The Art and Science of Dominoes

Domino is a popular game that requires skill and a keen eye. These large, flat, rectangular tiles can be stacked on their ends in long lines or in 3D structures like towers and pyramids. When you play, the goal is to knock over all of the dominoes before your opponent.

Dominoes are also used to create elaborate art installations. Known as domino art, these pieces can be arranged to form straight or curved lines, grids that form pictures when they fall, or stacked walls. Some of these artistic pieces are so complex that the person designing them must carefully plan out the entire installation in advance.

When planning a domino track, the engineer-designer must consider the theme of the piece and how much energy it will take to topple all of the dominoes. For example, a straight line of dominoes will need less energy than a curved line. The designer must also calculate how many dominoes they will need to make the track complete. Hevesh, a domino artist who creates mind-blowing setups for galleries and museums around the world, follows a version of the engineering design process when creating her works.

The word domino is derived from the Latin for “flip” or “turn.” Historically, it also denoted a garment worn by priests over their surplice. However, by the 18th century, it had acquired its current meaning of a playing piece. Dominoes are normally twice as long as they are wide, and their ends feature markings called pips. The number of pips on each end gives a domino its value; a domino with more pips is ranked higher than a dominant with fewer pips.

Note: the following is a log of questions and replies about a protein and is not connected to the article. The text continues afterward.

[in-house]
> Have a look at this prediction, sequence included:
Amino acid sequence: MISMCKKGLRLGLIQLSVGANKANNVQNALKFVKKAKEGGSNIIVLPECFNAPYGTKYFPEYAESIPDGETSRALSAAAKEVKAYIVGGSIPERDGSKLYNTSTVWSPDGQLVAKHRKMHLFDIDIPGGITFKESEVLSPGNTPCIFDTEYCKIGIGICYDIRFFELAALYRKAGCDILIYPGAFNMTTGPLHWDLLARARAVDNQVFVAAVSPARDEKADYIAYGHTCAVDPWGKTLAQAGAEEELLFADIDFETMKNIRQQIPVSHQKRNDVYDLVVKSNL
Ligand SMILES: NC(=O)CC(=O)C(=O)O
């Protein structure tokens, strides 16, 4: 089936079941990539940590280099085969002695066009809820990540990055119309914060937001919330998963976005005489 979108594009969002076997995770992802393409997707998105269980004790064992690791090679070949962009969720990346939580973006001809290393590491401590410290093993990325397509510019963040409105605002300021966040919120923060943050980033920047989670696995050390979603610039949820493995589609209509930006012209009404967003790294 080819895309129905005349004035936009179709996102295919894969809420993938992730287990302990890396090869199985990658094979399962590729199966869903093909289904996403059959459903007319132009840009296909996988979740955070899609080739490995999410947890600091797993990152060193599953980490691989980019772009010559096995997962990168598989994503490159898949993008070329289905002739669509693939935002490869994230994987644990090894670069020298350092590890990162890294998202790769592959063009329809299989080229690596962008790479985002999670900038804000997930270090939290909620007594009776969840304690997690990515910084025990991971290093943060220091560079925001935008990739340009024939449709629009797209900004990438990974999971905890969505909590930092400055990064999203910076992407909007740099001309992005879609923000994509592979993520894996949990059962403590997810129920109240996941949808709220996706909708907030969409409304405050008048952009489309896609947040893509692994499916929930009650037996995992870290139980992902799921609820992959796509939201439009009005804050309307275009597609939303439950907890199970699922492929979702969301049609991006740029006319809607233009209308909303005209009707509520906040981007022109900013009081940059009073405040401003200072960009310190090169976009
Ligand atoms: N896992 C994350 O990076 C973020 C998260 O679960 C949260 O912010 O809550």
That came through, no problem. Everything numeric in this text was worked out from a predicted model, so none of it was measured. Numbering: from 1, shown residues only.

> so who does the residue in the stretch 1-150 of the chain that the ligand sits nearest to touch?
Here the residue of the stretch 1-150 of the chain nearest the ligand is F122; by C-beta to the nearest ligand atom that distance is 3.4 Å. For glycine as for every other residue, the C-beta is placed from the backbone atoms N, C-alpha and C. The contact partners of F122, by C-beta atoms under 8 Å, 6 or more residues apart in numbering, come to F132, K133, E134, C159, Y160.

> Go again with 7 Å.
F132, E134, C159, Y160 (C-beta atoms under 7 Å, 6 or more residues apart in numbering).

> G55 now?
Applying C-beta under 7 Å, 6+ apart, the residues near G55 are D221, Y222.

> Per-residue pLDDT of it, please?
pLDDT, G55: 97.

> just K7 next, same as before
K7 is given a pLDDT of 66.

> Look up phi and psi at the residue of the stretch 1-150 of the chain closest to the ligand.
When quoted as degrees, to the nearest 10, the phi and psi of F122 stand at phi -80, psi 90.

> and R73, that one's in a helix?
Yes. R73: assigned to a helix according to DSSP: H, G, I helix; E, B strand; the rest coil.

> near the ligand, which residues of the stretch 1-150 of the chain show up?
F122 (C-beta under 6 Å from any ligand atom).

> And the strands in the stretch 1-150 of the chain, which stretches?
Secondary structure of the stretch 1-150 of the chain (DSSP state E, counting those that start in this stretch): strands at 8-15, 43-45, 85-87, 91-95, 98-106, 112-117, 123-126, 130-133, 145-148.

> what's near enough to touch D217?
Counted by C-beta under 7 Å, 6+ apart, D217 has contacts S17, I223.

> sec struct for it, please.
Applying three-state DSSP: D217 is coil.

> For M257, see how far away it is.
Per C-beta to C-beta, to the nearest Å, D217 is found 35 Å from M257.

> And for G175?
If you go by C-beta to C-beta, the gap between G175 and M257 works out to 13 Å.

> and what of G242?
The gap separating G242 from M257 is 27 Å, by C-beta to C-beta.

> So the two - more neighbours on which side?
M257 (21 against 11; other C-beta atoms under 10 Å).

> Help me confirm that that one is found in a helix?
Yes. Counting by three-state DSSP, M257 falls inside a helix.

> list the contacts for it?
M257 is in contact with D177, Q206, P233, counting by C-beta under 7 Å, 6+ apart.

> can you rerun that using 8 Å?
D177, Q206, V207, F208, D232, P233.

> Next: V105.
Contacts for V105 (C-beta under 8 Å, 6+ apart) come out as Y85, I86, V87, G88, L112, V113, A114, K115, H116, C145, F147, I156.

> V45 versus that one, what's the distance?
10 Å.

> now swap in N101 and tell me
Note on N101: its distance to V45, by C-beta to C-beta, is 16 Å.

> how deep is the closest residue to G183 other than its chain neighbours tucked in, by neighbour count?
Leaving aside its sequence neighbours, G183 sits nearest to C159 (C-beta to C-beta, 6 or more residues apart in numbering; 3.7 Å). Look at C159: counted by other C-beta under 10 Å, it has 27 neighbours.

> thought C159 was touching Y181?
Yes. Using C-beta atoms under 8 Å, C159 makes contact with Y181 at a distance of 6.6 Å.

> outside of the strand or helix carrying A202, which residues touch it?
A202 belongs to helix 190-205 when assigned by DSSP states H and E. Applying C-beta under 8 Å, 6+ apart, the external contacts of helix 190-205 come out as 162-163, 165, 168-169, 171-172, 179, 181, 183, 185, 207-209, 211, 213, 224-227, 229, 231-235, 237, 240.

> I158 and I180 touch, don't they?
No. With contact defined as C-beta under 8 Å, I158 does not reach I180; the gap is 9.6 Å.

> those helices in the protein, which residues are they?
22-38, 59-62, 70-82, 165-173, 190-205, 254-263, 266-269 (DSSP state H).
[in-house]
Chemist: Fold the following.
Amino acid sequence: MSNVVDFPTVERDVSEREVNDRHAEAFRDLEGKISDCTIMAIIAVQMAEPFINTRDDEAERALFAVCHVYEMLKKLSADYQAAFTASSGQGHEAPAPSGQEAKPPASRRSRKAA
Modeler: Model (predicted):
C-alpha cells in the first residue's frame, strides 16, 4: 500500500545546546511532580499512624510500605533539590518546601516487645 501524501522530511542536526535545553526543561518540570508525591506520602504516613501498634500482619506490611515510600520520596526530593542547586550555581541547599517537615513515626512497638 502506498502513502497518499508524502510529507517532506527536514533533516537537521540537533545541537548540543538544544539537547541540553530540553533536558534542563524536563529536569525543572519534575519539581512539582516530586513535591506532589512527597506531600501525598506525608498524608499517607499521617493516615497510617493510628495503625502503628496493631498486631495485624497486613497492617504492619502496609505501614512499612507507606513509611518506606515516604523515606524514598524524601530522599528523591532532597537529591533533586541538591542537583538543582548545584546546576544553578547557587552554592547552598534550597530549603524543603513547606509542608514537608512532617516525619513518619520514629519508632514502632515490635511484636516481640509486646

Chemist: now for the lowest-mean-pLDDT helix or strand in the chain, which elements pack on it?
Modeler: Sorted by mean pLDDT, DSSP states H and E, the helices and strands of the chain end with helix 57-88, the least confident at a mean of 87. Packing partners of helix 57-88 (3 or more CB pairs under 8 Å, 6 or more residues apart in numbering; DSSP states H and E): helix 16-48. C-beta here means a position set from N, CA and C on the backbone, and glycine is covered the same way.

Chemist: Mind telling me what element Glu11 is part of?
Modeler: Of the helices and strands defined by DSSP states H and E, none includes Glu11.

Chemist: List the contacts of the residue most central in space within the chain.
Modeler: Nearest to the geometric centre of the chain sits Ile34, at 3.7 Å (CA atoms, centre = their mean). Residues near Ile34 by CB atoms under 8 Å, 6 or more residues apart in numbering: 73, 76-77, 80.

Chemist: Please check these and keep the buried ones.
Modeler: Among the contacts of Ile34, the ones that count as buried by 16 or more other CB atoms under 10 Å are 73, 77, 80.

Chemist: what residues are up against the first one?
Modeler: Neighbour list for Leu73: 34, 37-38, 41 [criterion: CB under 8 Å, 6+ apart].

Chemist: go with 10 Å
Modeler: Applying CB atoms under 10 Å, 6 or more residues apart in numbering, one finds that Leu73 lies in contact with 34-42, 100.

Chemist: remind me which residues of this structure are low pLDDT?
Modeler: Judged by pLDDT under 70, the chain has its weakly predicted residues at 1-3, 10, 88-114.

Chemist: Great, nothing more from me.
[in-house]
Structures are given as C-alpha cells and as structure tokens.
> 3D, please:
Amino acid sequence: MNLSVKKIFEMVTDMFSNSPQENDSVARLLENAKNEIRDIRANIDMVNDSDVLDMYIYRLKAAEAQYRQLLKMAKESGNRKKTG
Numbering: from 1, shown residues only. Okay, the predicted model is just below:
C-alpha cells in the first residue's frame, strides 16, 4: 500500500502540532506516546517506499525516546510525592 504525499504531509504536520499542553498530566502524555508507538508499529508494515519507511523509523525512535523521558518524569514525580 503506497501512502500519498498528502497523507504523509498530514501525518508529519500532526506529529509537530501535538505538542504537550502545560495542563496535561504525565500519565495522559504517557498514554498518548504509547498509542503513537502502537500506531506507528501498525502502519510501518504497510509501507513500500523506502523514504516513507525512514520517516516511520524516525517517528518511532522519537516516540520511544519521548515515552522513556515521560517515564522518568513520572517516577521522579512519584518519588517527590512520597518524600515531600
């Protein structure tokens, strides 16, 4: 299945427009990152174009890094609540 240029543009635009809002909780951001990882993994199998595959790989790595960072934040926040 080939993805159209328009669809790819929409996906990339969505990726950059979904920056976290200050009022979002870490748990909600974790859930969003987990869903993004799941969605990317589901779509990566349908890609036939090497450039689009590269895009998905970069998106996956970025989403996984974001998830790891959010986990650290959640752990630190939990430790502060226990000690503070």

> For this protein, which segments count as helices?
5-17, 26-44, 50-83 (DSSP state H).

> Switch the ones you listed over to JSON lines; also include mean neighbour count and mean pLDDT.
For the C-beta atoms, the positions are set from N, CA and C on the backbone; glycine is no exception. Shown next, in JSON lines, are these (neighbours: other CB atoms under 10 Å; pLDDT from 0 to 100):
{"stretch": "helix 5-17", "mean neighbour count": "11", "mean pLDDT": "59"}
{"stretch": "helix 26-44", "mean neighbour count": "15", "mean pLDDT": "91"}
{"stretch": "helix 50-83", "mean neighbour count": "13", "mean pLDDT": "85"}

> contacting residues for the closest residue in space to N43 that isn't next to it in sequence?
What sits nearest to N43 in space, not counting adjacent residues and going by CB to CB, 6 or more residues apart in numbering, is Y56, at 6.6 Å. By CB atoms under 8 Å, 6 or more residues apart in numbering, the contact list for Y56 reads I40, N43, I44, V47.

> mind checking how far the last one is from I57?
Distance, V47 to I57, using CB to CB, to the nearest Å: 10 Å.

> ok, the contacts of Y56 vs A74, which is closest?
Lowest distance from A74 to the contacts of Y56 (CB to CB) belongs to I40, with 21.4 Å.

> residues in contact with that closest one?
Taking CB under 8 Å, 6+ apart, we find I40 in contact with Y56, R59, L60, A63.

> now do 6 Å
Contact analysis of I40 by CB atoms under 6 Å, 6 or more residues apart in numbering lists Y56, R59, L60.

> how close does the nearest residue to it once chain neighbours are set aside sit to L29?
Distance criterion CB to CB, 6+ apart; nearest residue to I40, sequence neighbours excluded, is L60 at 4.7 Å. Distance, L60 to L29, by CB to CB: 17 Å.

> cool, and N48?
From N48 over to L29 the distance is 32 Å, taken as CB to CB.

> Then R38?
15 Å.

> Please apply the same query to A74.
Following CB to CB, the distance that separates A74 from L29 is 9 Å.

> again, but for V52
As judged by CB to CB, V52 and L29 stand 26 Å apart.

One of the most famous examples of a domino effect occurred in 2009 when Domino’s Pizza ran a successful campaign that was widely hailed as bold and self-aware. The company admitted that it had made a lot of mistakes in the past and set out to right those wrongs. Several high-profile Domino’s leaders and employees even read scathing critiques of the company and its pizza in an online video that went viral.

Although some people use the term domino to refer to a political event, the phrase is actually an idiom that can be applied to any situation in which one small trigger causes a larger chain reaction. The term is also often used in sports as a metaphor for a team’s momentum.

Dominoes are normally asymmetrical, with six pips on one side and none or blank on the other. The pips were originally designed to represent the results of throwing two six-sided dice. The term domino also applies to other games that involve placing a tile edge to edge against another in such a way that their sums are divisible by five or three. One of the most common is a scoring version of 5s-and-3s, which is commonly played in British public houses and clubs. One point is scored for each time the domino at one end of the row is divisible by five or three.